New Species Evolves

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New species evolves, according to a report in BBC News, 9 June 2004. Scientists at the University of Arizona have been studying breeding patterns in fruit flies and believe they are witnessing the birth of a new species. In the Arizona desert there are two groups of fruit flies, named Drosophila mojavensis and Drosophila arizonae, which don’t interbreed even though their geographical ranges overlap. Biologists were able to get them to crossbreed in the laboratory but found male offspring from a cross between D. Arizonae females and D. Mojavensis males were sterile. The scientists who carried out the breeding experiments claim that the limited capacity for interbreeding is a sign that the two groups of flies are about to become completely different species. They also claim genetic change involved must be recent, because the male hybrid sterility depends on the mother’s genes. BBC News Science Editor David Whitehouse commented: "In fruit flies there are several examples of mutant genes that prevent different species from breeding but scientists do not know if they are the cause or the consequence of speciation."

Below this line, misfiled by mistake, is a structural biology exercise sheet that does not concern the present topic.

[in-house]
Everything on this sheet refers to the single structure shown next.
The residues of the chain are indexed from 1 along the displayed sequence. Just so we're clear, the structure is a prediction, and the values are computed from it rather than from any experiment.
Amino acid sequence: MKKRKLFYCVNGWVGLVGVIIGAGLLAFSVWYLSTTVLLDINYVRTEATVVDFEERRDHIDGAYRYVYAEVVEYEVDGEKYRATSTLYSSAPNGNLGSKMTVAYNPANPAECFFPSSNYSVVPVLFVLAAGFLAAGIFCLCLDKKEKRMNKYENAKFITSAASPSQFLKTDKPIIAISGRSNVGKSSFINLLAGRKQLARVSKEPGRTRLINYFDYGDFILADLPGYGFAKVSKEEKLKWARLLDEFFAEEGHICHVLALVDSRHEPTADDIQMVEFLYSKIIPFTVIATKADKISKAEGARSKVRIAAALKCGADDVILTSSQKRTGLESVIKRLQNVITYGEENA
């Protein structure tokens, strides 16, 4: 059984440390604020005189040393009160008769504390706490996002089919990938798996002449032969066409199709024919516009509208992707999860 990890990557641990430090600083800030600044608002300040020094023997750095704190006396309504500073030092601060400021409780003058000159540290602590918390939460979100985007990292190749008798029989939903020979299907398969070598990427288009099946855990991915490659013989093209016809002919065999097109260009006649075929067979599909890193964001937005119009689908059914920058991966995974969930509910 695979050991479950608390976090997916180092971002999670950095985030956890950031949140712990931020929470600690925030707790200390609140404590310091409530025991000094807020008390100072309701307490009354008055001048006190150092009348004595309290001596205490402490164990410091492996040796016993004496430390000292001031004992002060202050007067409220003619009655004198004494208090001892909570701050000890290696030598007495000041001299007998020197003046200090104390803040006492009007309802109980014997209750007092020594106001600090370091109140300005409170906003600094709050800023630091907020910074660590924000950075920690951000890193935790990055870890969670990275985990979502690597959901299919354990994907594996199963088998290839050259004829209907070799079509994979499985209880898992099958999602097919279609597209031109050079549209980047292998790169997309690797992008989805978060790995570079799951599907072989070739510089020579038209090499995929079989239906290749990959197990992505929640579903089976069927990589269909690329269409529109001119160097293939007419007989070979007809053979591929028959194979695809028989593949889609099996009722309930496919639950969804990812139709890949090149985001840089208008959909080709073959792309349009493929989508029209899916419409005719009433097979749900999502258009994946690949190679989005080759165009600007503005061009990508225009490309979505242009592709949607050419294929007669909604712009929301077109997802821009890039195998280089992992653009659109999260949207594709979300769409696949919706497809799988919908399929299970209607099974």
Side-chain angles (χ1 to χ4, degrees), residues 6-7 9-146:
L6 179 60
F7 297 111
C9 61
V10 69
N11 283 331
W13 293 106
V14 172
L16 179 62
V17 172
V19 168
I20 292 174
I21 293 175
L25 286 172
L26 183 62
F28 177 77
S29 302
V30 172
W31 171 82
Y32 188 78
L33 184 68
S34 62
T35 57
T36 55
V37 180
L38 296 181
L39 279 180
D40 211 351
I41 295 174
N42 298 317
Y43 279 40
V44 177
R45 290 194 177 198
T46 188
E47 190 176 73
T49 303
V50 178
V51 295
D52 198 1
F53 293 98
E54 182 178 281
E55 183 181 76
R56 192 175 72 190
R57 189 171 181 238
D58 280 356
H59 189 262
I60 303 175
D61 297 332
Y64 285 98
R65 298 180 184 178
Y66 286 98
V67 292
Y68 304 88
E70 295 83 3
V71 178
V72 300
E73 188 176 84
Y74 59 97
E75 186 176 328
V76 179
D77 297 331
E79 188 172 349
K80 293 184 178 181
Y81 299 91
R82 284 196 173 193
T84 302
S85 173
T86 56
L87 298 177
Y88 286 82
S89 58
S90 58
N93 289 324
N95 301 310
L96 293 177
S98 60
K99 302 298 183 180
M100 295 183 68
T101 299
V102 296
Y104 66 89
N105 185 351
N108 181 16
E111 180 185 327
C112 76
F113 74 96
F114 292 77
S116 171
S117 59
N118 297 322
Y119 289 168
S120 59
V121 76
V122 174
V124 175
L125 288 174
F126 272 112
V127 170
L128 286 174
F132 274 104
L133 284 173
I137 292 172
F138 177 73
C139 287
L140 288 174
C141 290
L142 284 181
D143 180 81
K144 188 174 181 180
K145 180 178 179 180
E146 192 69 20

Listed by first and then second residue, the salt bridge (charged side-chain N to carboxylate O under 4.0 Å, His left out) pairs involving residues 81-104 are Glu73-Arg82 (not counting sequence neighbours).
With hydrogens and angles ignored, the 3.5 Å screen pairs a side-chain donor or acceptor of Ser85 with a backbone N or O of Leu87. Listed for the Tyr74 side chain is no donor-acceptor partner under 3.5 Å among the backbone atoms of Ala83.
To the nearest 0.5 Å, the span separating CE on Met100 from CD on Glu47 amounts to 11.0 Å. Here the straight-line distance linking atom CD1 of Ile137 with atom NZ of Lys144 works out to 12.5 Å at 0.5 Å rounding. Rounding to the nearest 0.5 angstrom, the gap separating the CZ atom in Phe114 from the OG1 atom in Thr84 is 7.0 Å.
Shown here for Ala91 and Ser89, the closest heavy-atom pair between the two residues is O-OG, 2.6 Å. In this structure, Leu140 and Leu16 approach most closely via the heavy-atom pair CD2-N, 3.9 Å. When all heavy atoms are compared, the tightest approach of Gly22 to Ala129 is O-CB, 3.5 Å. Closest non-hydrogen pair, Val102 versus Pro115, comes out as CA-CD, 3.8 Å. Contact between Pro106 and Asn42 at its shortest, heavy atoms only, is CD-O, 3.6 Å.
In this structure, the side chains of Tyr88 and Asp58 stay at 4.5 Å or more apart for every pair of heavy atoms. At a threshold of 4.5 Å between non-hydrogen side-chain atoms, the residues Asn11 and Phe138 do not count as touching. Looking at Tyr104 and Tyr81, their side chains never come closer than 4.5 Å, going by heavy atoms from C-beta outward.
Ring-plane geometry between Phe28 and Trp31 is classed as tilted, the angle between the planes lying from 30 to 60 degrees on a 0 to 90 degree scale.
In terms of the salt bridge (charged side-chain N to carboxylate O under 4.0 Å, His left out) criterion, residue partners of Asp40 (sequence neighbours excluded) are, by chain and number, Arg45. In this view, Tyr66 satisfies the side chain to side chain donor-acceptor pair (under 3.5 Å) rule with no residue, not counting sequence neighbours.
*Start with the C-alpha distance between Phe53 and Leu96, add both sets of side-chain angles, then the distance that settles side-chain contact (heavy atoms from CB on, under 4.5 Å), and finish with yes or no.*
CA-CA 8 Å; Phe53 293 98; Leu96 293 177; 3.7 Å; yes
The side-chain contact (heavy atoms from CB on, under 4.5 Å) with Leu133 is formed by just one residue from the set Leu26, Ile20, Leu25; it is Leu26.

BBC

Editorial Comment: Species are generally defined as groups of organisms that reproduce with one another but don’t breed with other organisms. Therefore, if these flies do split up into two separate groups that don’t interbreed, technically they will have formed new species. However, they will not have evolved. All that is happening here is a large and varied group of flies is splitting into two smaller less varied groups of flies, because of a mutant gene. This is degeneration, not evolution. It’s a good reminder that speciation is not evolution. (Ref. species, flies, mutations)

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